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Nine simple ways to help protect our waterways

What better way to spend summer on the Sunshine Coast than enjoying our beautiful waterways and beaches?

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Our region is home to five major river catchments: the Mooloolah River, Maroochy River, Pumicestone Passage and headwaters of the Stanley and Mary Rivers.

As a UNESCO Biosphere community, we can all contribute to ensuring our waterways remain healthy as we live, work, learn and play sustainably.

Healthy waterways mean healthy people as we swim, fish, kayak and explore our waterways, wetlands and coastal areas. Maintaining the health of our waterways is also important to many of our local businesses, including those relying on tourism, fisheries and agriculture, just to name a few.

Helping our waterways is easy! What action will you take today?

  1. Plant trees
  2. Remove litter
  3. Boat and fish responsibly
  4. Deal with everyday oils
  5. Garden smarter
  6. Wash the car
  7. Clean better
  8. Report pollution
  9. Learn to spot weeds

1. Plant trees

Plant trees and shrubs on your property, especially in areas prone to erosion, or get friends and family involved in tree planting events, especially for areas near creeks and rivers.

Our region is home to five major river catchments: the Mooloolah River, Maroochy River, Pumicestone Passage and headwaters of the Stanley and Mary Rivers.

As a UNESCO Biosphere community, we can all contribute to ensuring our waterways remain healthy as we live, work, learn and play sustainably.

Healthy waterways mean healthy people as we swim, fish, kayak and explore our waterways, wetlands and coastal areas. Maintaining the health of our waterways is also important to many of our local businesses, including those relying on tourism, fisheries and agriculture, just to name a few.


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Get your hands dirty at a local tree-planting event, for a satisfying and free or low-cost weekend activity.


Who doesn’t love spending the afternoon under a shady tree? Our wildlife and waterways love them too.

Trees support our creek and river edges by helping prevent landslips and erosion that would increase sediment levels and damage plant and animal habitats.

They also keep light and temperature at optimal levels and provide food and habitat for aquatic animals through leaves and limbs that fall into the waterways.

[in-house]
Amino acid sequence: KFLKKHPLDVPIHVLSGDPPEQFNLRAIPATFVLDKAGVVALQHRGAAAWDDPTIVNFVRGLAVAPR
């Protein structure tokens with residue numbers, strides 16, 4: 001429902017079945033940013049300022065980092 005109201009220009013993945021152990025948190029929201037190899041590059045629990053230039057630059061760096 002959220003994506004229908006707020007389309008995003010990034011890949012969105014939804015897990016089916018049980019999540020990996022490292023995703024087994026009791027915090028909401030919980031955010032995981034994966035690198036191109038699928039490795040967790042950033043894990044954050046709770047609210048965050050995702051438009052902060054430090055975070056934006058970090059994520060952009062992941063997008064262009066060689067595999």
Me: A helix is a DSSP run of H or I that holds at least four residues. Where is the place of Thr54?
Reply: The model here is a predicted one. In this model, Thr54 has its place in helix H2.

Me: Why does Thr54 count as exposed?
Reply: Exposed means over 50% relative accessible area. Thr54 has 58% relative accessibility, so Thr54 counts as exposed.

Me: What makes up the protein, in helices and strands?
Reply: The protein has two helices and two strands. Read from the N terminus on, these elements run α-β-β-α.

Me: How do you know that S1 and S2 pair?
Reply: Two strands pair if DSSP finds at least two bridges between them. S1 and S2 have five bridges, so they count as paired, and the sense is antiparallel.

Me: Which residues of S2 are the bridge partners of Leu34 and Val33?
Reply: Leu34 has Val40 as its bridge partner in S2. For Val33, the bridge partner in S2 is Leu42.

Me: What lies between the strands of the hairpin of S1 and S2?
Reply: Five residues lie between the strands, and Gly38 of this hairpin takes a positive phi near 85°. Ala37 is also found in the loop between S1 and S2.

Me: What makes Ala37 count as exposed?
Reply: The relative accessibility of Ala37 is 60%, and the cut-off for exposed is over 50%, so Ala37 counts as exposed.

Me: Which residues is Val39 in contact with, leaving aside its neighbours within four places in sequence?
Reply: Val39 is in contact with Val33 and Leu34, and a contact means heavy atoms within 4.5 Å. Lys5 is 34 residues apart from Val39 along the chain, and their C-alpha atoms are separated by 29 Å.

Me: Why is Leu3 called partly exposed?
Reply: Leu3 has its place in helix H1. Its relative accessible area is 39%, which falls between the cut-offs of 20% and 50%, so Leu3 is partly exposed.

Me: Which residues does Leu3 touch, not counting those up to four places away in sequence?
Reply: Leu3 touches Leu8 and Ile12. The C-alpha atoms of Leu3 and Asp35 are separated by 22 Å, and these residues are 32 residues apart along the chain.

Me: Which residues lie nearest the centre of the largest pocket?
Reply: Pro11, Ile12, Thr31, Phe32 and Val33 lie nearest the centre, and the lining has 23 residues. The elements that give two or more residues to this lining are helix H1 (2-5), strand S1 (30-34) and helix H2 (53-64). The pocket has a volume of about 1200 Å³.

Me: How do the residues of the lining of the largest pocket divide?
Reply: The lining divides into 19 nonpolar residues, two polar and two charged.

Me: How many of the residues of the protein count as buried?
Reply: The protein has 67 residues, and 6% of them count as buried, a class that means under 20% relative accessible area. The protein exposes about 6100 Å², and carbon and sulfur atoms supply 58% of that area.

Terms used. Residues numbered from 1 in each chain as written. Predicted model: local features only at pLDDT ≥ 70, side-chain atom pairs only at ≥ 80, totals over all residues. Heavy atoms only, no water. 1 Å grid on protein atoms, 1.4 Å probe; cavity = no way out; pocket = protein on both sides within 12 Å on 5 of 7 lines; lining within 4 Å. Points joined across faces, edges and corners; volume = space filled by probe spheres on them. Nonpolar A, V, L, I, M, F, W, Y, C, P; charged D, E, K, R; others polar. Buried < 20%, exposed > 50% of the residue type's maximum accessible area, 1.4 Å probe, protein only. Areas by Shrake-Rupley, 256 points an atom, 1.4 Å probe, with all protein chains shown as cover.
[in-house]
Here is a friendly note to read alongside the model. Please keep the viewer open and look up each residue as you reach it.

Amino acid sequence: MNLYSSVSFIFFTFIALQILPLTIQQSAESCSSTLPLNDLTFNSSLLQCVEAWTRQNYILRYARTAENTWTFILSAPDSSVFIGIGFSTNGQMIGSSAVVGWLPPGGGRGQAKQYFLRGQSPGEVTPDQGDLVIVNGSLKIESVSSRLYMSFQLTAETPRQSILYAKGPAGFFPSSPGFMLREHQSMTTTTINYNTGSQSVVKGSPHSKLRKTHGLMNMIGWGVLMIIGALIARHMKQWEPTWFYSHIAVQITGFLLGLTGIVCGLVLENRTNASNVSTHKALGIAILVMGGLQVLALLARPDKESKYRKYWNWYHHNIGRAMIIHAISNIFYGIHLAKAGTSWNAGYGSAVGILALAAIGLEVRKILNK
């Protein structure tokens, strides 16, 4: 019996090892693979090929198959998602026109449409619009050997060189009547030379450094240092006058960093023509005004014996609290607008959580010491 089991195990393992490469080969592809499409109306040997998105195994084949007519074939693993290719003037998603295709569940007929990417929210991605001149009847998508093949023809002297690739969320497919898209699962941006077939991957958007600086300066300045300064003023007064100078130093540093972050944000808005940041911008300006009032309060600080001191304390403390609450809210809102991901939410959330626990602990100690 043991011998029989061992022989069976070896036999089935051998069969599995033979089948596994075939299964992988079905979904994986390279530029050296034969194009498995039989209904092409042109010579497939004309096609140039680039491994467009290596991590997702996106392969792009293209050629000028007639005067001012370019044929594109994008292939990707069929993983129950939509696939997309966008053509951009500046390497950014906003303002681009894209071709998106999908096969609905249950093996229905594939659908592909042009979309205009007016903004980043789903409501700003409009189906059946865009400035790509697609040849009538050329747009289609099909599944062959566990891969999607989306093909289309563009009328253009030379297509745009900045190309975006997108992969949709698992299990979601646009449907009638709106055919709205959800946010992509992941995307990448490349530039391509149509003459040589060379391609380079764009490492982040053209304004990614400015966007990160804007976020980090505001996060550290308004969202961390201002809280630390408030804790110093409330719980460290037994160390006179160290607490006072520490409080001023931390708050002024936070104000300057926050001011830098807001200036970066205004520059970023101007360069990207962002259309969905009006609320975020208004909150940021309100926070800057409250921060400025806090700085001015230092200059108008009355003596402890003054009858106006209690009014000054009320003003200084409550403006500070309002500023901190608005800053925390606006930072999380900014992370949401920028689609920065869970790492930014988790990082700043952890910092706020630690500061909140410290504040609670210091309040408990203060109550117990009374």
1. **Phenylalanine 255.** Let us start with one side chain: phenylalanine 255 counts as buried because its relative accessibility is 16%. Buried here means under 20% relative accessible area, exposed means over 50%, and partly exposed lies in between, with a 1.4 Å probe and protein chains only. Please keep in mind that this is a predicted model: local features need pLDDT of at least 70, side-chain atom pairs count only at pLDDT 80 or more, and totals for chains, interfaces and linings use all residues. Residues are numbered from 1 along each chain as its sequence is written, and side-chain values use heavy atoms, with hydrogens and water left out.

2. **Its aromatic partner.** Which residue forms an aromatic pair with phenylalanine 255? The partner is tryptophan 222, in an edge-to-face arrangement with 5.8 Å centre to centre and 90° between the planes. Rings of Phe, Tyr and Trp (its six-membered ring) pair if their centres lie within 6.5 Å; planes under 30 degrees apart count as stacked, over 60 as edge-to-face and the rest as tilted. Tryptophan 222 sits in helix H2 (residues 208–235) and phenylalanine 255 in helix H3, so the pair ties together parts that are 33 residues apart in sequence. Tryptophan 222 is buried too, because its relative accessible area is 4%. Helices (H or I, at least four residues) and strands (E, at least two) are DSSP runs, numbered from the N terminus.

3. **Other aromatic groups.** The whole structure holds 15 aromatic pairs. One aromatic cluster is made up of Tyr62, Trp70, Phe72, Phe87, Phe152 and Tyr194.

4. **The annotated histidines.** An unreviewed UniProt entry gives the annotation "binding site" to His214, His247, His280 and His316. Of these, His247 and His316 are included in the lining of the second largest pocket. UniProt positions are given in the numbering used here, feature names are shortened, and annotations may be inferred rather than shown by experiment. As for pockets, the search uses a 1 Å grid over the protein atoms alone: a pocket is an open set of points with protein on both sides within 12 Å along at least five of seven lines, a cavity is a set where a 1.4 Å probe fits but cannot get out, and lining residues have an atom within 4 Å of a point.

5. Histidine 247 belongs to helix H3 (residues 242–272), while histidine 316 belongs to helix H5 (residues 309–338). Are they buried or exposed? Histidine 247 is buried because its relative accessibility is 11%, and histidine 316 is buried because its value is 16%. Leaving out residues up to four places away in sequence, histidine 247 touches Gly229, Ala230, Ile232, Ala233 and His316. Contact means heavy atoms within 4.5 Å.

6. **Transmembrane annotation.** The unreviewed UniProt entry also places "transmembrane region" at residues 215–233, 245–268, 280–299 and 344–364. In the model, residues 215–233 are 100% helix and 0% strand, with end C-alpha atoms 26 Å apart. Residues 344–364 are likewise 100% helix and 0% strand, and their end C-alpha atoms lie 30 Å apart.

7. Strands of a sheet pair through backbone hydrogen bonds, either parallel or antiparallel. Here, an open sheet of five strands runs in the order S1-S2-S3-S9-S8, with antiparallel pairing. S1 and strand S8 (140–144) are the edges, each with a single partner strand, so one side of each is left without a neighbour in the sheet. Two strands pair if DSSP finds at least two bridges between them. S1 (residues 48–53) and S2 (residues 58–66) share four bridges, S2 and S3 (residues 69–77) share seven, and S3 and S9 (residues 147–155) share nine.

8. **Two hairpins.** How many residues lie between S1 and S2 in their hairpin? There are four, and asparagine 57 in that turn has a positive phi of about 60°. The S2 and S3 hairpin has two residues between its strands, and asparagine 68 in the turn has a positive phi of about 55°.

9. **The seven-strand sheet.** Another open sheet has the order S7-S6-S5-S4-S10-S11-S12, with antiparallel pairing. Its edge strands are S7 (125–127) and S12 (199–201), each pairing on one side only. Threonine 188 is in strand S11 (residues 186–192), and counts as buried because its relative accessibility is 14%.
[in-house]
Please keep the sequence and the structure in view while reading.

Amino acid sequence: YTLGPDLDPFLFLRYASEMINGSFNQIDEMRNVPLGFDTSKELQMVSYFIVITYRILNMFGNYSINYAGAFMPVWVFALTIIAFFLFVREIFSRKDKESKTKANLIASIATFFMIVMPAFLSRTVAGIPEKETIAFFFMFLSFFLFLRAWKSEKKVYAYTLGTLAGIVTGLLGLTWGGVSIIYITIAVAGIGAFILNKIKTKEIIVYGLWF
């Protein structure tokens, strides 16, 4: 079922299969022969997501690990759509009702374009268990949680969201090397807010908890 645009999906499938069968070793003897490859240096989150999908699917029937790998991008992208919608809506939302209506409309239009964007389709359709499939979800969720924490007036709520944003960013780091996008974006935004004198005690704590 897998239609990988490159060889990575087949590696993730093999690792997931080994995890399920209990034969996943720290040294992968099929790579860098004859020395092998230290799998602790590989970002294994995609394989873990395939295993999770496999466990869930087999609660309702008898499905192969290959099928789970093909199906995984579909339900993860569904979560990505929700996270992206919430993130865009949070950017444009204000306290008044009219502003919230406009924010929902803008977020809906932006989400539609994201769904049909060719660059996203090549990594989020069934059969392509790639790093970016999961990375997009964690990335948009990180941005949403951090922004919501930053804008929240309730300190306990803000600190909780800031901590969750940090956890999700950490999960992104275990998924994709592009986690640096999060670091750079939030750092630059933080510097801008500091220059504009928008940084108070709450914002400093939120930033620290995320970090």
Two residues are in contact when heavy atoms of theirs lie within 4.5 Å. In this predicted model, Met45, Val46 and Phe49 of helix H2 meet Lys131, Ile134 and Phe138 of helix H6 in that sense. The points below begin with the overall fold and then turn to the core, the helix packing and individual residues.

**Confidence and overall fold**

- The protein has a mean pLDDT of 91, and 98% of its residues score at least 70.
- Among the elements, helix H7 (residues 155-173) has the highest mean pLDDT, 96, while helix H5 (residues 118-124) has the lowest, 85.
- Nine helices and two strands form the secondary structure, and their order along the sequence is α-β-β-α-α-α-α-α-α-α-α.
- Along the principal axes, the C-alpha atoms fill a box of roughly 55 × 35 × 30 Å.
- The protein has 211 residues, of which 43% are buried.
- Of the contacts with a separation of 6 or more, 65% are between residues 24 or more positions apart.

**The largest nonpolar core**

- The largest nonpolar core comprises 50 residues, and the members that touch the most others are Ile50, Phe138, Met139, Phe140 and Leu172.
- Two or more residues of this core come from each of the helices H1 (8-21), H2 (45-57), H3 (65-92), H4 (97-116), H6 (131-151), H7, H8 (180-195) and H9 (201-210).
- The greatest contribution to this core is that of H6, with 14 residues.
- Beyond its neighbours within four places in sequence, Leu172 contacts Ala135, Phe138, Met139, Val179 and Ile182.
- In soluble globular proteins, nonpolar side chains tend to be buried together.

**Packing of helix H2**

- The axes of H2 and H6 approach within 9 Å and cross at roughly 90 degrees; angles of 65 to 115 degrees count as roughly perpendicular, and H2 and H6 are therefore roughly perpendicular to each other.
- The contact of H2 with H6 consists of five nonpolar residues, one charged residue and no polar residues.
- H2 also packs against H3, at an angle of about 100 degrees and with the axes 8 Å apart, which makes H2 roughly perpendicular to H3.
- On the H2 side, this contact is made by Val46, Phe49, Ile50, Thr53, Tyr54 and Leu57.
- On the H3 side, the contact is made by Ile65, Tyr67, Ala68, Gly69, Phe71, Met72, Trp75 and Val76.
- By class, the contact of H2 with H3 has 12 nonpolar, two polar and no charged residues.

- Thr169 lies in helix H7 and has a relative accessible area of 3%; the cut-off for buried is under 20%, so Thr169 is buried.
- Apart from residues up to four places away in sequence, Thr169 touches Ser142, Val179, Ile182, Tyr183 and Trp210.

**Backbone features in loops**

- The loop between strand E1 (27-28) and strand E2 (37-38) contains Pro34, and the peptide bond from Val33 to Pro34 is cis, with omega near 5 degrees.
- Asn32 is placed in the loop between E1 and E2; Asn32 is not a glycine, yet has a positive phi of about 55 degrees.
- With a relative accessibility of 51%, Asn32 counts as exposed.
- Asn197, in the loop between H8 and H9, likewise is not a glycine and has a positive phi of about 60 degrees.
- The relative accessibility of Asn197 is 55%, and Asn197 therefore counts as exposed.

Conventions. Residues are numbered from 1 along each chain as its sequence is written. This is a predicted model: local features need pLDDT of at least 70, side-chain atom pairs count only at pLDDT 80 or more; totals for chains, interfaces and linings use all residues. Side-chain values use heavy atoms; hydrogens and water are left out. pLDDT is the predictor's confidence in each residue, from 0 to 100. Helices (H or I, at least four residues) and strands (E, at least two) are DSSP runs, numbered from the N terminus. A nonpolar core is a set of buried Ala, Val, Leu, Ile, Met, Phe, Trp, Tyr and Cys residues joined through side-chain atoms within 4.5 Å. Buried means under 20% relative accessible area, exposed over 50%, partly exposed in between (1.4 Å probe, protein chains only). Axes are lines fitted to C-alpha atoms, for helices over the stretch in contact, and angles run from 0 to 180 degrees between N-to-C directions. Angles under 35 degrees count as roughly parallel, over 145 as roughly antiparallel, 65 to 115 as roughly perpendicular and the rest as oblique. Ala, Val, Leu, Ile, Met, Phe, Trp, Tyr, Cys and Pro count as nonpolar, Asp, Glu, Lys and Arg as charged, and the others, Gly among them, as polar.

2. Remove litter at every chance

If you see it, grab it! Otherwise, why not take the family and make a day of it?

A litter-collection adventure is a wonderful opportunity for the kids to learn environmental responsibility and take on a project to be proud of, all while exploring the parks, conservation areas, beaches and waterways the Sunshine Coast has to offer.

Collecting litter before it can wash into our waterways is an easy way to prevent environmental harm, and ensure our creeks, rivers and beaches remain beautiful.


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Cleaning up our waterways and beaches is a great activity to get the kids involved in environmental responsibility.


With every rain event, more plastic litter is washed into our waterways.

Much of this will eventually make its way to our oceans and beaches, posing a danger to our wildlife and breaking down into harmful microplastics.

As a single example, our sea turtles can mistake plastic for food, so every piece removed is a potential life saved.

3. Be sensitive to waterways and wildlife while boating

For those heading out on the water along our rivers and creeks, responsible boating is vital to avoid damaging the waterways we love.

Minimise boat wash where possible, as it erodes the banks of our creeks and rivers, harming vegetation and increasing the sediment load, which further impacts aquatic plants and animals.

It is also vital all fishers stick to bag limits to help preserve our fish stocks for future generations and keep our ecosystems thriving.

Avoid disturbing shorebirds, many of which need to build up energy for massive journeys to breed in the northern hemisphere. Every feeding opportunity makes a difference for our feathered fauna.

4. Minimise oil use and dispose of oils correctly